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AIDS and HIV Information

AIDS and HIV Information

HIV Atripla Life Expectancy: Research Review

Major improvements in therapy did not only give HIV patients another shot at life; it also doubled their life expectancy, at least for young people in their 20s. Atripla is one of the breakthrough medications from Gilead Sciences, which was approved in 2006. It is a coformulated single pill containing three different drugs: efavirenz, emtricitabine, and tenofovir disoproxil fumarate. Prior to Atripla’s emergence, patients were required to take multiple pills with multiple dosages daily. Adherence is paramount to achieve maximal viral control and stable immunologic status, as well as to prevent drug resistance—but the complicated treatment regimen threatens patient compliance. Those who are overwhelmed with the number of pills, and annoying adverse effects on the side, will most likely find it difficult to stick with the regimen or stop taking their meds altogether. In the eyes of many patients, an ideal antiretroviral therapy (ART) must have:

  • High efficacy in research trials;
  • Lower pill burden;
  • Fewer or well tolerated side effects;
  • Less frequent dosing.

Before the therapeutic goal of once-daily single pill regimen was achieved, Gilead already had Truvada, a combination of two potent drugs emtricitabine and tenofovir for treatment-naïve patients. The novel drug Atripla is a product of a major collaboration between the two pharmaceutical giants Bristol-Myers Squibb, which introduced efavirenz, and Gilead Sciences Inc. In a Swiss Cohort review, Atripla was the most frequently used ART from 2005 to 2008.

HIV life expectancy: then and now

Before the introduction of highly active antiretroviral therapy, experts estimated a minimum 10-year life expectancy for HIV patients. In 1996, a 20-year old HIV-positive individual was expected to live up to 39 years. Recent findings from Kaiser Permanente research stated that there was gap of 44 years in the life expectancy of uninfected people and HIV-infected patients in 1996–1997. Thanks to ART, the gap narrowed to 12 years in 2011. HIV-related deaths have also dropped from 78% in 1988–1995 to 15% between 2005 and 2009.
In 2012, a group of researchers used a stochastic computer simulation model to estimate the life expectancy and assess the effects of antiretroviral meds on a 30-year-old MSM patient, who was diagnosed in 2010. The study estimated a life expectancy of 75 years, assuming a 40% risk of the patient being a smoker and without a hepatitis comorbidity. If HIV did not occur, the life expectancy would be 82, which means a gap of seven years exists between patients with and without HIV infection. With proper treatment and strict adherence to their regimens, HIV patients are now expected to live up to 70 years. Using data from the study, the impact of HIV on patients’ life expectancy is now comparable to other chronic diseases like diabetes.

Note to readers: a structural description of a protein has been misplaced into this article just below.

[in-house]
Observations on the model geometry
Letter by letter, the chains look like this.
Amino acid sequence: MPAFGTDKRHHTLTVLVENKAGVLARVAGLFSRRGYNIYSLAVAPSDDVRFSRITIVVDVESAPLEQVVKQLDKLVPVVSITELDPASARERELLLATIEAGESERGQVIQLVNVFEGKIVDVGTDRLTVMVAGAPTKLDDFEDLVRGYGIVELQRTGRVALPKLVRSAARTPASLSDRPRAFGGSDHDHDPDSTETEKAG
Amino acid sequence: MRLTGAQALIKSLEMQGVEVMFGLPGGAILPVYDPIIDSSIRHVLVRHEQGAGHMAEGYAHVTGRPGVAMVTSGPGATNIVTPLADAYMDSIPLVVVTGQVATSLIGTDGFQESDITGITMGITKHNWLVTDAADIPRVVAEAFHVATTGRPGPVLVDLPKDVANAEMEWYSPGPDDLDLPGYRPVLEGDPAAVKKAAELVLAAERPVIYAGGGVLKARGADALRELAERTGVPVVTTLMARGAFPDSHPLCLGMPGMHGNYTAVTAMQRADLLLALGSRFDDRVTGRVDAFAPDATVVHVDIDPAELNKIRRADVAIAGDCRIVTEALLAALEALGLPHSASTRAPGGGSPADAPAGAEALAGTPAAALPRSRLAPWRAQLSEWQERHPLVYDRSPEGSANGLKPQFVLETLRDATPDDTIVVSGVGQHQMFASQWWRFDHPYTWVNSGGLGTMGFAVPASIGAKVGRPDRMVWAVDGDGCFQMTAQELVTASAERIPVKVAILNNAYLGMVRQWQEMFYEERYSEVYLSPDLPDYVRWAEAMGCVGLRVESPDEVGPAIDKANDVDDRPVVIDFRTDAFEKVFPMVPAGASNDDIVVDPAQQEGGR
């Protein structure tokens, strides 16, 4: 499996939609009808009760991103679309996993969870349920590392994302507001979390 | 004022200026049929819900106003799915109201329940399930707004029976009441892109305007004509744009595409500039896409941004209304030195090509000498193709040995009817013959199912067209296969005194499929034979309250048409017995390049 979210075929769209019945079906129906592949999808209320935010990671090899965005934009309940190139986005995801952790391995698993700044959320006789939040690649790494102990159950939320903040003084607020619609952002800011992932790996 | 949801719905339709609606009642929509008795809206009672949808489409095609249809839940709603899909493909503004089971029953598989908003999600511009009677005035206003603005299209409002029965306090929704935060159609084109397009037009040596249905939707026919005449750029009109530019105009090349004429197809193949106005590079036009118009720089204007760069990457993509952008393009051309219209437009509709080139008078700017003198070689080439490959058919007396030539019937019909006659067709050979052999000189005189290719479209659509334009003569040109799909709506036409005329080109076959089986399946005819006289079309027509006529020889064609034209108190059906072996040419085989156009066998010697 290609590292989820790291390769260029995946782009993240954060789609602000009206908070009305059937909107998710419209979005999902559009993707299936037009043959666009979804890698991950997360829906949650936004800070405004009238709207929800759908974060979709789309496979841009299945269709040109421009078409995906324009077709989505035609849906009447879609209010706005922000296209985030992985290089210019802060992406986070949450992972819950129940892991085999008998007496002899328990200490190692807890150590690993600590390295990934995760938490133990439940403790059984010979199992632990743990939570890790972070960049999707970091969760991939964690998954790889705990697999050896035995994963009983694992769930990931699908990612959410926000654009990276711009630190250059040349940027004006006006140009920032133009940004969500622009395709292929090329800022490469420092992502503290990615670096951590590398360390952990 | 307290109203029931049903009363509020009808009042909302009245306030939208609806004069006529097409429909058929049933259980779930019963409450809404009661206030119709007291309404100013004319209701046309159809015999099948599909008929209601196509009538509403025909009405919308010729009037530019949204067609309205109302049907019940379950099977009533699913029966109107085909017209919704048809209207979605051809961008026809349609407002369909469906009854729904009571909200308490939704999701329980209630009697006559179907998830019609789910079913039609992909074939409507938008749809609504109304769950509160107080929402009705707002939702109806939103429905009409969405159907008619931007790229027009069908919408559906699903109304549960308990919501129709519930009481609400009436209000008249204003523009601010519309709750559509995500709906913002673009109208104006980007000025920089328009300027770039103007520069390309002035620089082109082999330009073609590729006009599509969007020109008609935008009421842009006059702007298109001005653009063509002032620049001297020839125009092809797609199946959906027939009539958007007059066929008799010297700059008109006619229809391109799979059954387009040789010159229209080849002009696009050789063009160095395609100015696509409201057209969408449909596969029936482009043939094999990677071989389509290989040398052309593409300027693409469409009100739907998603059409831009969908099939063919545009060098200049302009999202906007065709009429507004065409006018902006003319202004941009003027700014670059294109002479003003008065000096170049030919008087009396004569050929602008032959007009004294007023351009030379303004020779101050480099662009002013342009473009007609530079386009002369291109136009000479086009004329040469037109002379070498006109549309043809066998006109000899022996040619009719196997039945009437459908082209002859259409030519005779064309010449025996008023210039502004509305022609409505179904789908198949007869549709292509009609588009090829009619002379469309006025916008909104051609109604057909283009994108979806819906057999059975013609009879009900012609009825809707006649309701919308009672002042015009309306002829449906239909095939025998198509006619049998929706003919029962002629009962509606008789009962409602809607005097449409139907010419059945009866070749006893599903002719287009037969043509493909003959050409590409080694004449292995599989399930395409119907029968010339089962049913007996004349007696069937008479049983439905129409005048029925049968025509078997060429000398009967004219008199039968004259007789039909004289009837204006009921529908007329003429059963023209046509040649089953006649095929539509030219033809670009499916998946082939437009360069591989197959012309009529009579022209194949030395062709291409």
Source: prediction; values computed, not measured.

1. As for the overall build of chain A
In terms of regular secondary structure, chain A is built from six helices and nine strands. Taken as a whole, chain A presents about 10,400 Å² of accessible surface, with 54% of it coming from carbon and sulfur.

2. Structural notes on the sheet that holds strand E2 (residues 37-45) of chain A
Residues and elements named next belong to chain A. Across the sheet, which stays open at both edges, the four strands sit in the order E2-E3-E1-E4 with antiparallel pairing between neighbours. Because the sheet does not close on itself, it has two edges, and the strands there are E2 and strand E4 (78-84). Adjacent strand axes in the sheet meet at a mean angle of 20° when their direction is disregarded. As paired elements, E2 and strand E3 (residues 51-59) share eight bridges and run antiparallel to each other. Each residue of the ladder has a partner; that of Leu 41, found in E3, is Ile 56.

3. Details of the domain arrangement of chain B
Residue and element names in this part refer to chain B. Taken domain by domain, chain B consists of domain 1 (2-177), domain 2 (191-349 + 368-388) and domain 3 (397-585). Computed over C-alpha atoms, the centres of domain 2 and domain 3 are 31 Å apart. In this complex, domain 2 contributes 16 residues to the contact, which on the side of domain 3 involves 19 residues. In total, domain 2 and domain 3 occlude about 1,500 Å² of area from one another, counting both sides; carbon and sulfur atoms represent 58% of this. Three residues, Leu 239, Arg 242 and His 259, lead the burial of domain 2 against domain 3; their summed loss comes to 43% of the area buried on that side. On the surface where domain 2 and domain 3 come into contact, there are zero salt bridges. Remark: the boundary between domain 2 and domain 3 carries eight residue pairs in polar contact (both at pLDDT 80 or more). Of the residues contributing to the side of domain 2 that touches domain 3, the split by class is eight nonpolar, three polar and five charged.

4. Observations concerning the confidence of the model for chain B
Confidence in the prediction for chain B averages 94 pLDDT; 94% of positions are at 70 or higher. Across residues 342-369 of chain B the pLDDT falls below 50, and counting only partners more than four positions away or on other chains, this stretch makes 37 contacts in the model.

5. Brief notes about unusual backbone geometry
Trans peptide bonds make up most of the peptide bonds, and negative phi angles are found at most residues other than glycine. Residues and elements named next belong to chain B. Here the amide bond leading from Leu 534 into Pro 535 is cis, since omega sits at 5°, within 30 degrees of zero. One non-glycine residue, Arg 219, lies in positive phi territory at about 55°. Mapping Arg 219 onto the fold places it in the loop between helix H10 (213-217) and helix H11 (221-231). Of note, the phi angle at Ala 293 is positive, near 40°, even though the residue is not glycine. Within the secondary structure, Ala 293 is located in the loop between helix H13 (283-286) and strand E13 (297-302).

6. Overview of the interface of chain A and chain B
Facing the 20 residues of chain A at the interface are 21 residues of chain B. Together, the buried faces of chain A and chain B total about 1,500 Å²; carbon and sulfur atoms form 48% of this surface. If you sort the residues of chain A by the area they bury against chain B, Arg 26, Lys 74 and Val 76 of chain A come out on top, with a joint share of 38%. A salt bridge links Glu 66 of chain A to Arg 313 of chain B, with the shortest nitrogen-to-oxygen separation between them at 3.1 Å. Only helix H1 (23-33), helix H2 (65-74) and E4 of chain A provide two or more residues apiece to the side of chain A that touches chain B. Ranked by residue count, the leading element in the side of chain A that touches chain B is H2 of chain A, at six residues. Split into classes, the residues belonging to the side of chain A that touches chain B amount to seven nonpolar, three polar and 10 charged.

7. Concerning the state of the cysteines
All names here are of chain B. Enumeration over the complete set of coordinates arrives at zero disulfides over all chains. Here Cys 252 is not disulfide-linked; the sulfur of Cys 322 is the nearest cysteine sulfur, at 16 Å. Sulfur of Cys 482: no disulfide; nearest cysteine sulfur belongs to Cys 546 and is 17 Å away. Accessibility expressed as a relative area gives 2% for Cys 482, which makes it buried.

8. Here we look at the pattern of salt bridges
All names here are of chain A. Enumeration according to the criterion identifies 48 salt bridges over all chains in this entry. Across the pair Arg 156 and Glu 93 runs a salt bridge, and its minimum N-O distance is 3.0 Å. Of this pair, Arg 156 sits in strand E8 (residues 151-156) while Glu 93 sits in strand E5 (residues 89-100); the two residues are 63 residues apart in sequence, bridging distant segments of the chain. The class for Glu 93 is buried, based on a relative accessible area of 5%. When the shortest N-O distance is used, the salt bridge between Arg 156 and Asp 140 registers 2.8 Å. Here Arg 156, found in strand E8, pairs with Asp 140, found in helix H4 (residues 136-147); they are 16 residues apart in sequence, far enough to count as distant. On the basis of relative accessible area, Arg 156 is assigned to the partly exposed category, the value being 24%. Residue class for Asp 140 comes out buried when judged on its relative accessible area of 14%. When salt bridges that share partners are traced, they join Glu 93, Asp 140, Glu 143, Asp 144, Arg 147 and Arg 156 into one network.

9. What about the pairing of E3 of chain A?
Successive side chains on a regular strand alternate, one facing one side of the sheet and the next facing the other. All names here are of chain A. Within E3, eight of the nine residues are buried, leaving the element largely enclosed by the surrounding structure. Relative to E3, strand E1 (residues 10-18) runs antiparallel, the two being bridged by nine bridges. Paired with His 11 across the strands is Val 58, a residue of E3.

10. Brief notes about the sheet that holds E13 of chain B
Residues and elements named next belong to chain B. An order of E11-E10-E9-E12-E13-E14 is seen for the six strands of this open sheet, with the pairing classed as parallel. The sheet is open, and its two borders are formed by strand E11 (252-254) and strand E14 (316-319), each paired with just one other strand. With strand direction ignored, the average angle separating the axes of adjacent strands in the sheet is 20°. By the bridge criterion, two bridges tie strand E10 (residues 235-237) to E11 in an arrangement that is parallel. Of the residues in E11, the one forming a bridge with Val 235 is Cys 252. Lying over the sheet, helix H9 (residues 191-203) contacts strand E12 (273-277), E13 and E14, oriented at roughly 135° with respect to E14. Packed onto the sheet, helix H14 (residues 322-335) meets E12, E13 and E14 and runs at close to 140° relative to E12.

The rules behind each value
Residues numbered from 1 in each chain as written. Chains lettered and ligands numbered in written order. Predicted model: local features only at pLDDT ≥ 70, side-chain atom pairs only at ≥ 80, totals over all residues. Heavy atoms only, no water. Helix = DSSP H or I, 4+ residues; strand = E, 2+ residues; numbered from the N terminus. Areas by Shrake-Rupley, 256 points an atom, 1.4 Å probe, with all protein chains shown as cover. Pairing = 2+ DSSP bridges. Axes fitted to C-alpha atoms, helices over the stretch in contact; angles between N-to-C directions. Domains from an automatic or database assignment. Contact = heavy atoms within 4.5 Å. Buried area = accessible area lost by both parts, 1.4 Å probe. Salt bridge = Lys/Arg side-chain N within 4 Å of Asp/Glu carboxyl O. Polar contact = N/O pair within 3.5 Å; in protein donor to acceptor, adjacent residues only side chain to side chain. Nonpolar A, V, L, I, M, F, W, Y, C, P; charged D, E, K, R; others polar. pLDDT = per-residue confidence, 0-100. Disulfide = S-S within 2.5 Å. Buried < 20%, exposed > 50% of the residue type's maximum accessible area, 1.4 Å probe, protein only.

Another hope for Atripla

Though Atripla has paved the way for the development of more effective and less toxic antiretroviral coformulations, it has been replaced by newer drugs as recommended regimen for treatment-naïve patients. The downgrade was brought by high discontinuation rates and high incidence of CNS-related adverse effects, such as depression, abnormal dreams, and suicidal thoughts. But an ongoing 2016 study adds another potential advantage for the single-tablet regimen. The study, spanning 24 weeks, switched Atripla users with undetectable viral load from daily dosage to every other weekday or thrice-weekly dosage. Martinez and colleagues from the University of Barcelona conducted the concept study to 61 people who were currently on once-daily Atripla, with a CD4 count of >350 cells/mm3 and suppressed viral load of <37 copies/ml for at least two years. Participants were randomly assigned to one group taking daily Atripla and another group with three days a week regimen (Mondays, Wednesdays, and Fridays).
After 24 weeks, no participants in either group experienced virological failure. None of them showed a viral load of ≥37 copies/ml. Patients who were taking reduced dose also reported improved scores on Pittsburgh Sleep Quality index. Patient compliance was good and all participants completed the study. Participants from the daily Atripla group even asked to be placed in the three-day group. Because of the outstanding results, the authors requested the ethic committee to extend the study to three years. The study could be another game changer for the management of HIV since it validates the potential for therapy doses to be taken at least one day apart.

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